- Meat and Dairy. GM corn and soy are so dominant in the United States and Canada that almost all meat and dairy comes from animals fed GM crops. In Australia and Europe this is not the case with GM animal feed limited to that which is imported and cotton meal. Additionally, meat and dairy products from the US may come from cows injected with GM bovine growth hormone. If you don’t see labels stating No rBGH, rBST, or artificial hormones, chances are the products include them. Monsanto’s rBGH, a growth hormone likely containing genetically modified components, has been banned in 27 countries including Australia, Canada and the EU.
How much do we consume and why?
Corn, Soy and Cotton are the main mutants of the global GMO experiment. The U.S.A., Brazil and Argentina are the main producers of these often named ‘frankenfoods’ with 181 million, 104 million and 60 million acres respectively under cultivation. These numbers do include minor acreages of other less significant GM crops.
According to International Service for the Acquisition of Agri-Biotech Applications (ISAAA)45 statistics, GM acreage has grown more than more than 100-fold from the 4.2 million acres planted in 1996 when it was first commercialised. It also states that a record 448 million acres were planted in 2014, up 15 million acres from 2013. And lastly it promotes that GM crops are now planted in 28 countries, many of which are resource-poor developing countries.
Throughout this website the initial impression one gets is that GM food is doing the third world a favour. You’d be excused for interpreting that these countries are swarming behind the GM bandwagon in rabid droves. However, checking out some of the numbers in this publication and elsewhere, exposes that the ISAAA has more pro-GMO bent than a heavily pregnant mutant corn stalk. It doesn’t say that only 10 countries grow almost 100 percent of GM crops. Nor does it highlight that the top 3 counties account for 77 percent. Based on acreage, the developing countries that have been roped into using GM crops are hobby farmers at best and reluctant ones at worst.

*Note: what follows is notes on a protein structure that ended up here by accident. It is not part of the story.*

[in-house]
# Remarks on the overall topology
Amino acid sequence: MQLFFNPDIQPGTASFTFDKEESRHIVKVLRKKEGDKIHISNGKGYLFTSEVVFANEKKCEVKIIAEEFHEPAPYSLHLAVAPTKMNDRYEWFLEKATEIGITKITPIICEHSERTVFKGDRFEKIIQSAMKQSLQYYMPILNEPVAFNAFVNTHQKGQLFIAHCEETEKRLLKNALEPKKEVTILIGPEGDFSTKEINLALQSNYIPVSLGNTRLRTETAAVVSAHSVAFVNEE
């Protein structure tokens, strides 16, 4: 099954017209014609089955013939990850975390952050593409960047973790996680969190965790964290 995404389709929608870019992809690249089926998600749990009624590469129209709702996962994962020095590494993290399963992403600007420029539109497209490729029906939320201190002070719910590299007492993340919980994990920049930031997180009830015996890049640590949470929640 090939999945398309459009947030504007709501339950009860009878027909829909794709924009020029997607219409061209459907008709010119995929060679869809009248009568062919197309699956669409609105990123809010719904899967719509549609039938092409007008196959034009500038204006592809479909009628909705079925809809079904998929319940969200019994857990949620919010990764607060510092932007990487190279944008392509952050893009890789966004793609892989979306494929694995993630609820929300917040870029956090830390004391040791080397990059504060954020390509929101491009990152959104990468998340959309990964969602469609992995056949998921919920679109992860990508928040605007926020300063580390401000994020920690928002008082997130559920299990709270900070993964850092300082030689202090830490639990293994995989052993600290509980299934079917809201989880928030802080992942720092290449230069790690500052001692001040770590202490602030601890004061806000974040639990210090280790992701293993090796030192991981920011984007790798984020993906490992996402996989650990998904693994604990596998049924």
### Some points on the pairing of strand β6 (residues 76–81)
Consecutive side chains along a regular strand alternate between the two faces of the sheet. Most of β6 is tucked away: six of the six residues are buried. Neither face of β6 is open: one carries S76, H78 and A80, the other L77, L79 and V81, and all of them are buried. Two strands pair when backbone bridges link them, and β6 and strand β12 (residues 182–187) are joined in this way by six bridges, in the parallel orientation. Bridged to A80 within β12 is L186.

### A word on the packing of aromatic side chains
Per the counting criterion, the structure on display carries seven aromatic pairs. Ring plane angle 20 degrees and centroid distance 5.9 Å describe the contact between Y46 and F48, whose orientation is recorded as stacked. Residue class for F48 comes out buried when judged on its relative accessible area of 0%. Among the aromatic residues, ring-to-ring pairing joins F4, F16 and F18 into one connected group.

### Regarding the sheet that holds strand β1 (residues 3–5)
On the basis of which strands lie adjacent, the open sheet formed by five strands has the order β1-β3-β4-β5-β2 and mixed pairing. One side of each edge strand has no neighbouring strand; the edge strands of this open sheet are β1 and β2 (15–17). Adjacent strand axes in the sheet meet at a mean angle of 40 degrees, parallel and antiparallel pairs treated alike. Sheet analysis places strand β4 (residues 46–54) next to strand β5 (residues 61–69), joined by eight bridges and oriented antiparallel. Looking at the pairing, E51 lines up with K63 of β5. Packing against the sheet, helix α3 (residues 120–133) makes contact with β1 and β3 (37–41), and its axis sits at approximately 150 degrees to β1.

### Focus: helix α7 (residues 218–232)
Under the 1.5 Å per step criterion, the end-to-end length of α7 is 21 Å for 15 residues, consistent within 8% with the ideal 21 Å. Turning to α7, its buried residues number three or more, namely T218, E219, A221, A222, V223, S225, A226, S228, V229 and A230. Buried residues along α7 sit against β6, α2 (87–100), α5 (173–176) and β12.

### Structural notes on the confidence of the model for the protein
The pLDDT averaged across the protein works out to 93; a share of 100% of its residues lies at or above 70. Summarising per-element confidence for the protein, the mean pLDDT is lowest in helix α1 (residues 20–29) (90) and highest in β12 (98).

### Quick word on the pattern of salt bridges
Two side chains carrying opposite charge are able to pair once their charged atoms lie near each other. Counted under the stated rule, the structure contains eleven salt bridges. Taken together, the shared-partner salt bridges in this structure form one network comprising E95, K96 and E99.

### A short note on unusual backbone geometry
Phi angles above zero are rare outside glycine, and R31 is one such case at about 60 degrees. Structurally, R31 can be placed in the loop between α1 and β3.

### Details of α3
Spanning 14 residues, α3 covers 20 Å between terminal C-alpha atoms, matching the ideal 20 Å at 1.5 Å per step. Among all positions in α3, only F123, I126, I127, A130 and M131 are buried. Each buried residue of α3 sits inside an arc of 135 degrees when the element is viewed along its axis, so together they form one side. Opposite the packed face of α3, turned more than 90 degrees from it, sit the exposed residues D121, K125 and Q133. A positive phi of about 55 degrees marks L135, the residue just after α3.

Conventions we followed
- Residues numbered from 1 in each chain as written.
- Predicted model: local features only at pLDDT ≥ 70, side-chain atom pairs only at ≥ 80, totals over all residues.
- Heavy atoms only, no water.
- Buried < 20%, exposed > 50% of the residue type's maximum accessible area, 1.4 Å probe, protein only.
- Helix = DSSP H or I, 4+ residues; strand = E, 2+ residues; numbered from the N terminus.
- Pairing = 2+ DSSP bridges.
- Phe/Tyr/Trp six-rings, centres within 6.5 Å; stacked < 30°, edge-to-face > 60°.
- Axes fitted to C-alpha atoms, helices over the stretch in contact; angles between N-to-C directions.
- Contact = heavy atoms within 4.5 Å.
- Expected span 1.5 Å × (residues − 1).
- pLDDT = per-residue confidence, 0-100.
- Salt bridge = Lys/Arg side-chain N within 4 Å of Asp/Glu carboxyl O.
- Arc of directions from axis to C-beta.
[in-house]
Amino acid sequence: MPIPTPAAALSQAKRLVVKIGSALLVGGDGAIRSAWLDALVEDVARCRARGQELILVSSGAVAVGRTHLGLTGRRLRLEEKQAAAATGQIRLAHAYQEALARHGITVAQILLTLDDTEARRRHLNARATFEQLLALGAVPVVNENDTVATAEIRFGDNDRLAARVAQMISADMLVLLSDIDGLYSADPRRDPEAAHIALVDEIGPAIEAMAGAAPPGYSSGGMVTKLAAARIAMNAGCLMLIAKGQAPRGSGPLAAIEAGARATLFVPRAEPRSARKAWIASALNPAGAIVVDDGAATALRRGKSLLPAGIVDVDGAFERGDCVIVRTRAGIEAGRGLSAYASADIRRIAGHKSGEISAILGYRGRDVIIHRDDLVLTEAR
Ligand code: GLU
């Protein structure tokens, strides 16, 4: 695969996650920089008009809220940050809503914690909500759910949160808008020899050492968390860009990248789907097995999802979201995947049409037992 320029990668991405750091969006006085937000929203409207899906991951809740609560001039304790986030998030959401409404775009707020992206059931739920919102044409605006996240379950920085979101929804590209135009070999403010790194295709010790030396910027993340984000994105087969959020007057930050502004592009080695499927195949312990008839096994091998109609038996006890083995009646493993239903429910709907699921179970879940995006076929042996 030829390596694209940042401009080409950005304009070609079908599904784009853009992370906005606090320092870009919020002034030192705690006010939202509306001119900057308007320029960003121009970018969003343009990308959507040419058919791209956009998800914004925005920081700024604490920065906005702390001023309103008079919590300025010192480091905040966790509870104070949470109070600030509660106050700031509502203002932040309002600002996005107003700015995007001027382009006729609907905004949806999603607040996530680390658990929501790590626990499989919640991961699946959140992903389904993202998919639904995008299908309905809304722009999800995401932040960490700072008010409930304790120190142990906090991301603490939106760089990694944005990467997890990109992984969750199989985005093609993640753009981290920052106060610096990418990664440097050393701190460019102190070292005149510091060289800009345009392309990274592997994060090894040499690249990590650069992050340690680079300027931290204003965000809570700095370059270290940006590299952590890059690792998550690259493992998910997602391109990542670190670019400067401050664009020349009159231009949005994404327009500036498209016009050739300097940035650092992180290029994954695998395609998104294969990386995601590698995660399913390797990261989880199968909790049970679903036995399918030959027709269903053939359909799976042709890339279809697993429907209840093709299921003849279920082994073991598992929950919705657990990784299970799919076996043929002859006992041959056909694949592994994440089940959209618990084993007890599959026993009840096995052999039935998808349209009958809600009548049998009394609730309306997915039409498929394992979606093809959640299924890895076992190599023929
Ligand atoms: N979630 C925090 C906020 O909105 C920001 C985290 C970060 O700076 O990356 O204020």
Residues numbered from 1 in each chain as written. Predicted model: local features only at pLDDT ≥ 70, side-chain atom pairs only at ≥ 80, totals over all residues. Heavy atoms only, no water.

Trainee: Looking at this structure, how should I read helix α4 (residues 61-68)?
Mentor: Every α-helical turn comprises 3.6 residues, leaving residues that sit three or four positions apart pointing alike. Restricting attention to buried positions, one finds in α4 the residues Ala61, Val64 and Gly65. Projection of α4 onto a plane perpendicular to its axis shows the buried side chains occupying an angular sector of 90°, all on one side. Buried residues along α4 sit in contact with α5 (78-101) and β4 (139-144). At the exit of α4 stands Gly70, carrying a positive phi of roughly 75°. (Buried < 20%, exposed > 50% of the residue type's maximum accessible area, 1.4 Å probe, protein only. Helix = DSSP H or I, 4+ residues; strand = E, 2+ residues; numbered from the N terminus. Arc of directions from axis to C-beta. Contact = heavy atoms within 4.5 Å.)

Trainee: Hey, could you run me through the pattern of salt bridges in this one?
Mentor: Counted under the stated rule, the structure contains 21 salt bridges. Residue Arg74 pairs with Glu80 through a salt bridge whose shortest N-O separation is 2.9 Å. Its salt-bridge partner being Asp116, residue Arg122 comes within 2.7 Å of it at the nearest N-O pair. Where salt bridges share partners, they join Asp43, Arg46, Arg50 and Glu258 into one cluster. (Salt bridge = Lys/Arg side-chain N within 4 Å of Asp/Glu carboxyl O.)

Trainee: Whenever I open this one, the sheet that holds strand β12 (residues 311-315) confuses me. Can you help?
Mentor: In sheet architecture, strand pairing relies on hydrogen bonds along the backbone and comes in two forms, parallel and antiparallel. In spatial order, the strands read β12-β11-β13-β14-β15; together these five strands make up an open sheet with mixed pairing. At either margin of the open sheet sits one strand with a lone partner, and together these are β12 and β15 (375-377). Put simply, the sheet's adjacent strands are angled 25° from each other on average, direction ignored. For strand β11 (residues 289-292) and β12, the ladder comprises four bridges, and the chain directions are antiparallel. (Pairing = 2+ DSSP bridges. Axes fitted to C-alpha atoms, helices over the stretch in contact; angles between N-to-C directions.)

I found many examples of where pro-GMO groups were touting success in developing nations. The intended impression is that of global food supply saviour, but the glossy websites and selective statistics were easily exposed.
Bangladesh, reportedly the 28th country to embrace GM crops, only planted 30 acres in total of an insect-resistant eggplant. While pro-GM groups carried on about this model of success, the reality was slightly more sinister. The GM eggplant was hurried though the approval process, there was no public consultation and farmer and consumer backlash was ignored. Sounds familiar doesn’t it. Surely, I mean surely there was no cash laden handshakes involved was there? As it happens, the independent development policy research group UBINIG has gone and spoken to the majority (72 percent) of the 110-120 farmers who got suckered into this deal by their own government.46 They reported poor yields, high chemical use and a high level of government interference. The report states: “According to the farmers, most of the time, the officials took care of the plants themselves as they had to show a good performance.” The extent to which the government officials got involved was borderline comical. They replaced dead and dying plants, applied banned pesticides and instructed farmers to display “pesticide free” signs on their produce. Despite all of this, most of the farmers said it was a worthless crop and only one of the 120 said he would use it again.
In Mexico, Sudan and Columbia, GM Corn introduction has been hammered with controversy, protests and lawsuits. This wouldn’t be happening if there was an appropriate level of public engagement. I suspect the only engagement was between corporate interests and cash strapped governments, and we’ve all seen that scenario before.
In India, where Monsanto owns almost all of the cotton seed supply a similar shambles is unfolding. Small landholder farmers are experiencing drastic crop failures over and again but they have no choice but to use the monopoly provided seed supply. According to Vandana Shiva, a prominent Indian-born environmentalist, something like 250,000 Indian farmers have committed suicide due to financial stress after failed Monsanto cotton crops and on account of the price of their cotton seeds. Ironically, many decided to drink Monsanto pesticide to do the job. I guess it’s good for something. Check out “Bitter Seeds”47, a 2011 documentary by American filmmaker Micha Peled. The film covers biotech (Bt) farming in India and the impact of GM cotton on India’s farmers.
These cases highlight that despite the official line, GM crops are not necessarily being grown by choice and they are not necessarily being grown successfully either.
Book 1 of the Consumption Cleanse continues the story and discusses why GMOs are bad, how to remove GMOs from your life and gives up some useful alternatives.
45 ISAAA, “Beyond Promises:Top 10 Facts about Biotech/GM Crops in 2014”, http://www.isaaa.org/resources/publications/biotech_booklets/top_10_facts/download/Top%2010%20Facts%20Booklet.pdf, accessed 24/3/16
46 Natural News, “Genetically modified eggplant a massive failure in Bangladesh as crops fail for second year in a row”,